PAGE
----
Keep in mind, failure is not binary and when it comes to hardware, you are as weak as your weakest component…

Networking : A penny saved is a penny earned…

Please, don’t. Just don’t. We all know this situation when your company has invested a lot of money in your brand new fancy HCI infrastructure and you (or someone else) might be tempted to save money on something “less important” like networking.

This is exactly where you’re wrong, except if you want to see your environment (and your day) going down in flames!

You need to keep in mind that networking is the core, literally the backbone of an HCI infrastructure. In fact, each action is responsible for creating activity; put a host in maintenance, recover from failure, change in a policy, etc.

No need to say that a majority of performance issues reported to support are related to customer network trouble…

With that in mind, we can definitely say 25GbE is the new 10GbE, if you are planning a new environment, this is the way to go. On the other hand, you might consider to leverage enterprise-class Ethernet switches with sufficient buffers to handle significant workload.

In addition to that, another hardware consideration is the usage of RDMA compatible network interfaces. Indeed, RDMA compatible nics are able to bypass CPU/Kernel and transfer the data directly to memory of a given host.

This is a pretty simple way to speed up operations like vMotion, background & meta data operations or rebuilds, making your environment simply much more performant. This technology is fully supported since vSphere 6.7

The more the merrier

Now comes the question of how many of hosts are needed to match your requirements. I would say « Livin’ on the Edge » might be left to Aerosmith but stay away from your production.

What I’m saying here, is when the minimum hosts required to setup a vSAN cluster is 3, maybe, it might be handy to add an extra one.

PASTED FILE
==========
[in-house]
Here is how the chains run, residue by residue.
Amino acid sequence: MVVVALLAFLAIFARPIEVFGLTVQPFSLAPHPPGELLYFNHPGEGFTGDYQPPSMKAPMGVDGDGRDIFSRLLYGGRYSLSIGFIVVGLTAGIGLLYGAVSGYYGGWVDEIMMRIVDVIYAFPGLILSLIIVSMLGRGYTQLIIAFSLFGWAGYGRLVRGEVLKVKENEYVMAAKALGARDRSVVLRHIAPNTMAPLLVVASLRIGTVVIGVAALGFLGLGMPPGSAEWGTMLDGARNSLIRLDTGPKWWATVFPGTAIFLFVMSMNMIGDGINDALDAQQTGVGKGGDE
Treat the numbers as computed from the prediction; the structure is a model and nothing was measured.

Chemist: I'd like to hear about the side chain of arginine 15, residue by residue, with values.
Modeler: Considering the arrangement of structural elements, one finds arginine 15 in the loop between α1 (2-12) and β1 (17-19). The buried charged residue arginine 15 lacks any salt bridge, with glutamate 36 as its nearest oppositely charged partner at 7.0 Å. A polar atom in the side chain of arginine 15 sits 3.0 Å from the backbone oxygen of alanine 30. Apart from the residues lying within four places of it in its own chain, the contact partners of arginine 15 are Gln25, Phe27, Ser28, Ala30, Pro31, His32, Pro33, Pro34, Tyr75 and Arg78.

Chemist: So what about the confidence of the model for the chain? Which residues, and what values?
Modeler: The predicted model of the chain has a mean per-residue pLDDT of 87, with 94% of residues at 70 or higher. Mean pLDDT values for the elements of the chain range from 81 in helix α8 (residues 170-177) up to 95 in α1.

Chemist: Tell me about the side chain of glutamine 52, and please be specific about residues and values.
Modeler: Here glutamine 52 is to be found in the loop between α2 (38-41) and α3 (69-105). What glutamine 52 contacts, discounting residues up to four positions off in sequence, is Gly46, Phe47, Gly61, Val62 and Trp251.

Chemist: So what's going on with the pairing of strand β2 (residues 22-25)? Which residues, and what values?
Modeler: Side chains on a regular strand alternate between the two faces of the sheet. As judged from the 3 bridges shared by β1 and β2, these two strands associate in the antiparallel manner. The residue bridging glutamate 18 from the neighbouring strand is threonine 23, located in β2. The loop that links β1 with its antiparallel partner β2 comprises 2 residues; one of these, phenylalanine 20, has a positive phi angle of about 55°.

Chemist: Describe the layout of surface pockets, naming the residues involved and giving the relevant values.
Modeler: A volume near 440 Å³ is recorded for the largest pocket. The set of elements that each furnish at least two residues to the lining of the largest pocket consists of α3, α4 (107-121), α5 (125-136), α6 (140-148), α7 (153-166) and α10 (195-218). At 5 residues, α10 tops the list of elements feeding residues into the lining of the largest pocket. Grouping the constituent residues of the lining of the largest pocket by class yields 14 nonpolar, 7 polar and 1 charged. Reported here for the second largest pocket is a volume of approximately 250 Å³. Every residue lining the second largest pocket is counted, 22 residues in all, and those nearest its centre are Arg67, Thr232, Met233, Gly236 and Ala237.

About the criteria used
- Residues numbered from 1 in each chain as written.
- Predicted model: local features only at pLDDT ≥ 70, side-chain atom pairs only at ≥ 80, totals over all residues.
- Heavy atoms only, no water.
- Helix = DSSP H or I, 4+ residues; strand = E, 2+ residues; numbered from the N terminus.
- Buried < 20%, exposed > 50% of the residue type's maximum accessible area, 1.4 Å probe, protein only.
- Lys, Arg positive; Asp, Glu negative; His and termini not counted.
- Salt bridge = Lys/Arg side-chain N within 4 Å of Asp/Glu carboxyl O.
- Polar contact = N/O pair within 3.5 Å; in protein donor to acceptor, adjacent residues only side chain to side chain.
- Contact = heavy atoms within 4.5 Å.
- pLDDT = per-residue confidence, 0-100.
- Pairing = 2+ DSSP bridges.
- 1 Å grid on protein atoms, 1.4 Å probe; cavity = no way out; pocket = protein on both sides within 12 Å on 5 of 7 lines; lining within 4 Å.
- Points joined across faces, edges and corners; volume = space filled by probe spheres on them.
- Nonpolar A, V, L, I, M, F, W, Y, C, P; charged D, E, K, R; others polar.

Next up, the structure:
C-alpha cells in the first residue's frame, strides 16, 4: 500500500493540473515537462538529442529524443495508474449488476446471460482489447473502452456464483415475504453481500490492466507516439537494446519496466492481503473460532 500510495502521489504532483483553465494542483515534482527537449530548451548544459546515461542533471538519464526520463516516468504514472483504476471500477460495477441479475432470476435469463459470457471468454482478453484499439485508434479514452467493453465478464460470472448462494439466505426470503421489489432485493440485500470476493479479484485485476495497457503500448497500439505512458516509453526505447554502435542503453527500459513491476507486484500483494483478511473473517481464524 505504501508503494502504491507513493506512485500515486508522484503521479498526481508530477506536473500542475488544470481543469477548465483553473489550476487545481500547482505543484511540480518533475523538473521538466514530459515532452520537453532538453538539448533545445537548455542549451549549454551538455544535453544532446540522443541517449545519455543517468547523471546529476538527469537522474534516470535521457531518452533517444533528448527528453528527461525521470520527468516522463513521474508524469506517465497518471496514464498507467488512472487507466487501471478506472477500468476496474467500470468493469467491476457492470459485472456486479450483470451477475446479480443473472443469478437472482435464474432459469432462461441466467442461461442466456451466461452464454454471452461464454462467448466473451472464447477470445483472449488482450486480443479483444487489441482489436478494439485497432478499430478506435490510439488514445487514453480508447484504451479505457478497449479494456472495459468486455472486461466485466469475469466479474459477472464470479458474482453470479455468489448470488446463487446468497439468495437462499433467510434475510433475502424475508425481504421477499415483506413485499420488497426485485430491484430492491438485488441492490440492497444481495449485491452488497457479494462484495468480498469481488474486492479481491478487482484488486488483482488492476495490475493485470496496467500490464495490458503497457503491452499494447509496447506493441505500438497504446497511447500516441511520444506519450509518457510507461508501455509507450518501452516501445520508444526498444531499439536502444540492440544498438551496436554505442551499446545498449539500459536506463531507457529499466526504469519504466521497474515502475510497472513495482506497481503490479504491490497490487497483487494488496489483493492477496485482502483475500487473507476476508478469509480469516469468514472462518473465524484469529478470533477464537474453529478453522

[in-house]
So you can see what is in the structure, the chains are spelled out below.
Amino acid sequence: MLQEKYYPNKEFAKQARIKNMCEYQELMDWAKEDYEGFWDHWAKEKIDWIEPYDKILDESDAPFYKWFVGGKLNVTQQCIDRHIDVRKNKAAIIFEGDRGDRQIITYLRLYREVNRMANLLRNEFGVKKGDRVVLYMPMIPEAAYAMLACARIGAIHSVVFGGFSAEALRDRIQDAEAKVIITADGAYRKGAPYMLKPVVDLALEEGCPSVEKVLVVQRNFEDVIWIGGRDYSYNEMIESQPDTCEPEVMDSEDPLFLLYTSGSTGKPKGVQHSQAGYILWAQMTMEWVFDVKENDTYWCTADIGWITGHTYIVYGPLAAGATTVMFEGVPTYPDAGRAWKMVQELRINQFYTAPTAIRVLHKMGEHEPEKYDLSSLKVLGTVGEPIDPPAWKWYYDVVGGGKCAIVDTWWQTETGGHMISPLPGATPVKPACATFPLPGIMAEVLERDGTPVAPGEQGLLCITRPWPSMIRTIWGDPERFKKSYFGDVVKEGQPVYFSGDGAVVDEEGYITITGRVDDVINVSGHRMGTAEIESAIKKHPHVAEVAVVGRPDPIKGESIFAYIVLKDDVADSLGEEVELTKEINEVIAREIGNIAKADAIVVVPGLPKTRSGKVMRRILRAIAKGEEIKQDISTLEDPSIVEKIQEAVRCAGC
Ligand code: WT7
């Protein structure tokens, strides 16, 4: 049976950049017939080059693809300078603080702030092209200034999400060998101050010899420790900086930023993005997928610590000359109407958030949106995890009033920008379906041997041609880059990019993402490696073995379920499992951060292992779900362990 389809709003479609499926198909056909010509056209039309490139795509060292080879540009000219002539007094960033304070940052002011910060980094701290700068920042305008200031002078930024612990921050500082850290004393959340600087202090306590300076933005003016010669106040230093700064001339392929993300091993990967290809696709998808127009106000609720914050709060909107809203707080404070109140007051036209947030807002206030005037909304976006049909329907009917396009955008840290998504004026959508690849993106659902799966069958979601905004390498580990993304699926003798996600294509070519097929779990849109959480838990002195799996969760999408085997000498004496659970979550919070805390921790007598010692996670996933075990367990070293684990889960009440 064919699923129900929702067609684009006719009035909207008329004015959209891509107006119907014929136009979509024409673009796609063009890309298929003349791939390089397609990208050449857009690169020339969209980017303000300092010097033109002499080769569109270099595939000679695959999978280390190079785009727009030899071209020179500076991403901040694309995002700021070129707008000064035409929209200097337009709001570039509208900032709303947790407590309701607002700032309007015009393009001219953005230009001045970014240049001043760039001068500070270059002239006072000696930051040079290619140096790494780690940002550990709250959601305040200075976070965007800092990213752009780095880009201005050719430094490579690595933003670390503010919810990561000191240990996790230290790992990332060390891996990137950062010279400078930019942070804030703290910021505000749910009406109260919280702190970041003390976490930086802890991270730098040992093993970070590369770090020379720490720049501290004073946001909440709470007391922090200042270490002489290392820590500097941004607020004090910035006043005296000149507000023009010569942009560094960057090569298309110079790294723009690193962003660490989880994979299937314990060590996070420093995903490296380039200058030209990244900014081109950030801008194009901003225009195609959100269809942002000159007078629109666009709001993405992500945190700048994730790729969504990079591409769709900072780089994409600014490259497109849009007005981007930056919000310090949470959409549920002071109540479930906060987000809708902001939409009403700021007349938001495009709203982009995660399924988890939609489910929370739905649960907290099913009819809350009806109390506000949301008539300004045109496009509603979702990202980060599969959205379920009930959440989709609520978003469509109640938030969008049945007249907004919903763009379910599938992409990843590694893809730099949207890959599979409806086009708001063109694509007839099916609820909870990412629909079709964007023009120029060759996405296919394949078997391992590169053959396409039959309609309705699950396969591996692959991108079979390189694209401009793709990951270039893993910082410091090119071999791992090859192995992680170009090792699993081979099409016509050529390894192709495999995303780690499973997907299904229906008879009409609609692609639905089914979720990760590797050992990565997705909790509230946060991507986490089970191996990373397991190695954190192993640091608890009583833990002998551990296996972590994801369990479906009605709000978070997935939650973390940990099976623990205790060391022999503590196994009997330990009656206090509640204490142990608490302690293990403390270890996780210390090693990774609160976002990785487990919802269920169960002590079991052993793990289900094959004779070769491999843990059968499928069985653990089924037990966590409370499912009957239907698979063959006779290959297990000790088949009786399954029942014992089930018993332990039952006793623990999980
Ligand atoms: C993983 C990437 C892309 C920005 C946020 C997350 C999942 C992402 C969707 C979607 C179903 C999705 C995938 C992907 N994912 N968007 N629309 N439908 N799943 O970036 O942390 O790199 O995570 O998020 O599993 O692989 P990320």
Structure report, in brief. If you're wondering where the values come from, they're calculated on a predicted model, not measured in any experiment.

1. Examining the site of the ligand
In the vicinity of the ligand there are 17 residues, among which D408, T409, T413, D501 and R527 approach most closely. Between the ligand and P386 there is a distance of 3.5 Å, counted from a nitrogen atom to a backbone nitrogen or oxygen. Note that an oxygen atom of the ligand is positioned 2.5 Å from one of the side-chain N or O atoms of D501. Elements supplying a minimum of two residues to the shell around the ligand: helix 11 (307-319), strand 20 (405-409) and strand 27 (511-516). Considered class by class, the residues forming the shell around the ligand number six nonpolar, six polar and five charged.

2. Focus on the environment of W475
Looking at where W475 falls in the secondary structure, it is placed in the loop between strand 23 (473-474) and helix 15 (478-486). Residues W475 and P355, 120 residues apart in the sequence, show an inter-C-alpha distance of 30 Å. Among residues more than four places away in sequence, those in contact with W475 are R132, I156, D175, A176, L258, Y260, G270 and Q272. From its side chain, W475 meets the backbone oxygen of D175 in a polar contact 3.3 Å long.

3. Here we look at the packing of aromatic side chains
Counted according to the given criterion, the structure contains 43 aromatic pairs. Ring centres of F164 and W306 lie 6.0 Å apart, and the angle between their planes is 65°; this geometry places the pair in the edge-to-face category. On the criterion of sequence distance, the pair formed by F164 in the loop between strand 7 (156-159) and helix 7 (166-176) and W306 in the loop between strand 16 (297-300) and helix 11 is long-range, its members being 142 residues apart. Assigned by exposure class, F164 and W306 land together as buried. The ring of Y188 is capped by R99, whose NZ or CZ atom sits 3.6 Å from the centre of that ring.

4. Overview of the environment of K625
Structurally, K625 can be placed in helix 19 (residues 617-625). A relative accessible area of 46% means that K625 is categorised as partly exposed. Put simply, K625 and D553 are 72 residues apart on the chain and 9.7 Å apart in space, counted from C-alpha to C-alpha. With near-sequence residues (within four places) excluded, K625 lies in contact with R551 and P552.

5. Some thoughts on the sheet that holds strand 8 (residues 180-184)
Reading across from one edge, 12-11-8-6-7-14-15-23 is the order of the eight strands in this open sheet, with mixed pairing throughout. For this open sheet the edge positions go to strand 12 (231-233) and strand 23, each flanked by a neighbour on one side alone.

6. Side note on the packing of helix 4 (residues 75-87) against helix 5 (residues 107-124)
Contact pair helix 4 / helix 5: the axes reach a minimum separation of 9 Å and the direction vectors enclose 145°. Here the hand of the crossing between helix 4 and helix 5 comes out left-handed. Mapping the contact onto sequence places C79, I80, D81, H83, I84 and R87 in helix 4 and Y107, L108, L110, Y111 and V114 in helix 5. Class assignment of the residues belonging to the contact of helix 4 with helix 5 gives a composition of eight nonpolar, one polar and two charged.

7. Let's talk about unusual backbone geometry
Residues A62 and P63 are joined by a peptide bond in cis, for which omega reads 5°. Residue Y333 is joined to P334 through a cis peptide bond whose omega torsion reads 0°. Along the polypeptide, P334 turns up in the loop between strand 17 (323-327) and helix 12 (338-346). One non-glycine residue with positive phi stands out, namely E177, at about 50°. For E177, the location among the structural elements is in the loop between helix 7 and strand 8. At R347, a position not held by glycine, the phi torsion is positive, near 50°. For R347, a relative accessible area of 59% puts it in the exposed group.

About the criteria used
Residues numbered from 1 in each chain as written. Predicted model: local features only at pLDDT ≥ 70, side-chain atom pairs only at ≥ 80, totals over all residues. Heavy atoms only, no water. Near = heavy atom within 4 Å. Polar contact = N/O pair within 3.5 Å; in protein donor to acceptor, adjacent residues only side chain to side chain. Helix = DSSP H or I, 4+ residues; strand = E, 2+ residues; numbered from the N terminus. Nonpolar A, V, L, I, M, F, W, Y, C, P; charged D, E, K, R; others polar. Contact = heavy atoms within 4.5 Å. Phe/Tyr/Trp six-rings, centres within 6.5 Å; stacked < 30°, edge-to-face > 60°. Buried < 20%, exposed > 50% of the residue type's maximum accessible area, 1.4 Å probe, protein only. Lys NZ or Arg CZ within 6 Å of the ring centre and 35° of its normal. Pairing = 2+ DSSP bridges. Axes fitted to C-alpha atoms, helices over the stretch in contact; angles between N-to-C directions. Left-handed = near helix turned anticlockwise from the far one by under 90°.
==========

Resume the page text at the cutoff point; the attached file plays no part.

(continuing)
To illustrate, if I consider a Mirroring, a RAID-1 cluster, with a minimum of 3 hosts, then I have 1 component on a host, 1 copy on another host and a witness on a third one. I would (in fact VMware would) in this case recommend adding an additional host.

The reason beside this is in case of host failure, you want to have a host where you can immediately rebuild, without having to wait. This will provide extra flexibility and extra protection for rebuild.

And this is not limited to RAID-1 FTM, adding extra node(s) should be definitely part of the cluster sizing decisions.

And this is it for this first Part, please don’t hesitate to let us know your opinion on this article, leave a comment and share if you liked.

The Part II will focus on the Cluster Configuration.

8 Replies to “vSAN Best Practices – Part I”

  1. Very good read!
    1 question: taking Erasure Coding (RAID-5) as local protection method with SFTT=1 in a stretched cluster, is it possible to expand the vSAN cluster by adding another host without the cluster needing to rebuild for a certain amount of time?

    1. Hi Tim, thanks for reading!
      I would say no matter your Failure Tolerance Method (except 2-Nodes clusters),it is supported to add an additional host without involving any automatic rebalancing, there’s no specific action in such a situation. Depending on the reason why you are adding a host (e.g. running out space) you might want to trigger a manual rebalancing across all the host in the cluster, again, it is manual process… You may find more information over here:
      Hope this help!

  2. I read the new way is 25Gbe, but can i use 10Gbe when i am using big SQL machines with 256K blocks?

    1. Hello Sander and thanks for reading. I don’t see any immediate constraint using 10GbE nor 25GbE with a 256KB block size… anyway, as you know, IOPS and blocks size are strictly related to each other, this block size is definitely to consider in your performance sizing. Are you using vSAN?